Most broadcast emails in my institute email folder end up getting deleted but this one caught my fancy. The Parent-Teacher Association of Kendriya Vidhyala (KV) in the Indian Institute of Science (IISc) campus was looking for volunteers from among the well-educated institute community who could take a few classes in the school.
With several of the regular KV teachers away on evaluation duties, the idea was to keep the students engaged and hopefully ignite their minds by having researchers from IISc talking to them. There was no pressure to stick to any prescribed syllabi. The volunteers were literally left free to teach whatever they wish.
For instance, Karthik taught lateral thinking and English to ninth grade students.
Notwithstanding the limited experience I had – on occasions, I’d taught my own classmates in school and college just before exam days – I always enjoyed teaching. It gave me immense satisfaction to be able to make someone understand something. Since my early days of education, I’ve been secretly taking mental notes of what I liked in a teacher and things that I disliked. Now it was time to put it all into use in a real classroom, albeit with a bunch of eleventh standard pupils.
Keeping my crippled condition in mind – I was convalescing from a knee surgery - I opted for a solitary lecture of one hour duration. I chose “Physics in Daily Life” as I wanted my pupils to look at physics not as yet another subject to mug up and score off but as a powerful weapon that when wielded with skill can explain much of the phenomena we see around us.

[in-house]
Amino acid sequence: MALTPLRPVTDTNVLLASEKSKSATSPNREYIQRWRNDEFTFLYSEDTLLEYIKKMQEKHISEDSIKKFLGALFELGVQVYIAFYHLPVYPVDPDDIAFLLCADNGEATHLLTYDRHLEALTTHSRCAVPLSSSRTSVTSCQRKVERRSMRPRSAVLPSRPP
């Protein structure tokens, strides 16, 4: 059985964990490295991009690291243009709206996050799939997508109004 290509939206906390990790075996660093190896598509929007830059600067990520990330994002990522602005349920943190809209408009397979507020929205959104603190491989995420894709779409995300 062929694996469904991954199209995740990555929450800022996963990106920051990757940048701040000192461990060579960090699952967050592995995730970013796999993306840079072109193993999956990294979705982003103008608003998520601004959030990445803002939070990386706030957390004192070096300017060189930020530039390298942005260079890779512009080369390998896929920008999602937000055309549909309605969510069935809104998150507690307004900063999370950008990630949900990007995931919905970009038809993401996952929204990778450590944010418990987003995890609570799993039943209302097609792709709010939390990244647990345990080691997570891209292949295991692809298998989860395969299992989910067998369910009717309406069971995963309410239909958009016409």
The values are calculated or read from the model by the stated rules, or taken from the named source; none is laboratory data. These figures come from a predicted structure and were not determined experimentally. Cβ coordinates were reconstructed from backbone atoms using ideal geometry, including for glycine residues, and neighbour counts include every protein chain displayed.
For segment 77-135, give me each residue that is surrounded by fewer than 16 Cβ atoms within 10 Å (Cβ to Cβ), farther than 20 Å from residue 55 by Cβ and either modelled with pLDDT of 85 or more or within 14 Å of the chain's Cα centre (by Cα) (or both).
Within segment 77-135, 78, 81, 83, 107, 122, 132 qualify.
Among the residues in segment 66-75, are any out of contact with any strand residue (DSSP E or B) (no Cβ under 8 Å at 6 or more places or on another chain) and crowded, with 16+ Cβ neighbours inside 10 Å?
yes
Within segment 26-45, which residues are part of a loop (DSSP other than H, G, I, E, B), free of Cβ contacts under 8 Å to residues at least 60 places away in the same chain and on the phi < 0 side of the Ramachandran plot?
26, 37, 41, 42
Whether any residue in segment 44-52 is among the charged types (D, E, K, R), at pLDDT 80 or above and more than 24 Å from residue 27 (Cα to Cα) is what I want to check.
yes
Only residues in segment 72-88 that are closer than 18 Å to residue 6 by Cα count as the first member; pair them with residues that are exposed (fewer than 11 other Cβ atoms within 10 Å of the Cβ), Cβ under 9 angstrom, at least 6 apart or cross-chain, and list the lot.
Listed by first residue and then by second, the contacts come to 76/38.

Eleventh grade students can be really unruly and obstreperous I was told. A fellow volunteer apprehended that somebody could possibly run away with my crutch leaving me stranded! I was expecting the worst. But I was in for a pleasant surprise.
The first thing I noticed when I entered the class was that the girls far out-numbered the boys. I’d never seen such a thing in all my education. I tried to make my pupils feel comfortable by starting off with some small talk and slowly delved into the subject matter. Most of them were very receptive and enthusiastic. Their eagerness and inquisitiveness fuelled my own urge to put the concepts across.
Throughout the class, the modus operandi was - present an example from daily life, discuss and explain why it happens with a liberal dose of hints and humor, and then unearth the law behind it. I won’t say I 'covered' such and such topics. But at least I managed to touch upon the humble yet profound concepts of Newton’s Laws of Motion and Newton’s Law of Gravitation.
I used to hate it in school when teachers used to go on lecturing several minutes beyond the stipulated time. Hence I made it a point to stop dot on time. And as I bid them good bye, I got what I shall call the icing on the cake. They applauded with smiles and claps. If that’s what they call the joy of learning, I wish I could tell them the joy of making someone learn. Thank you XI ‘A’.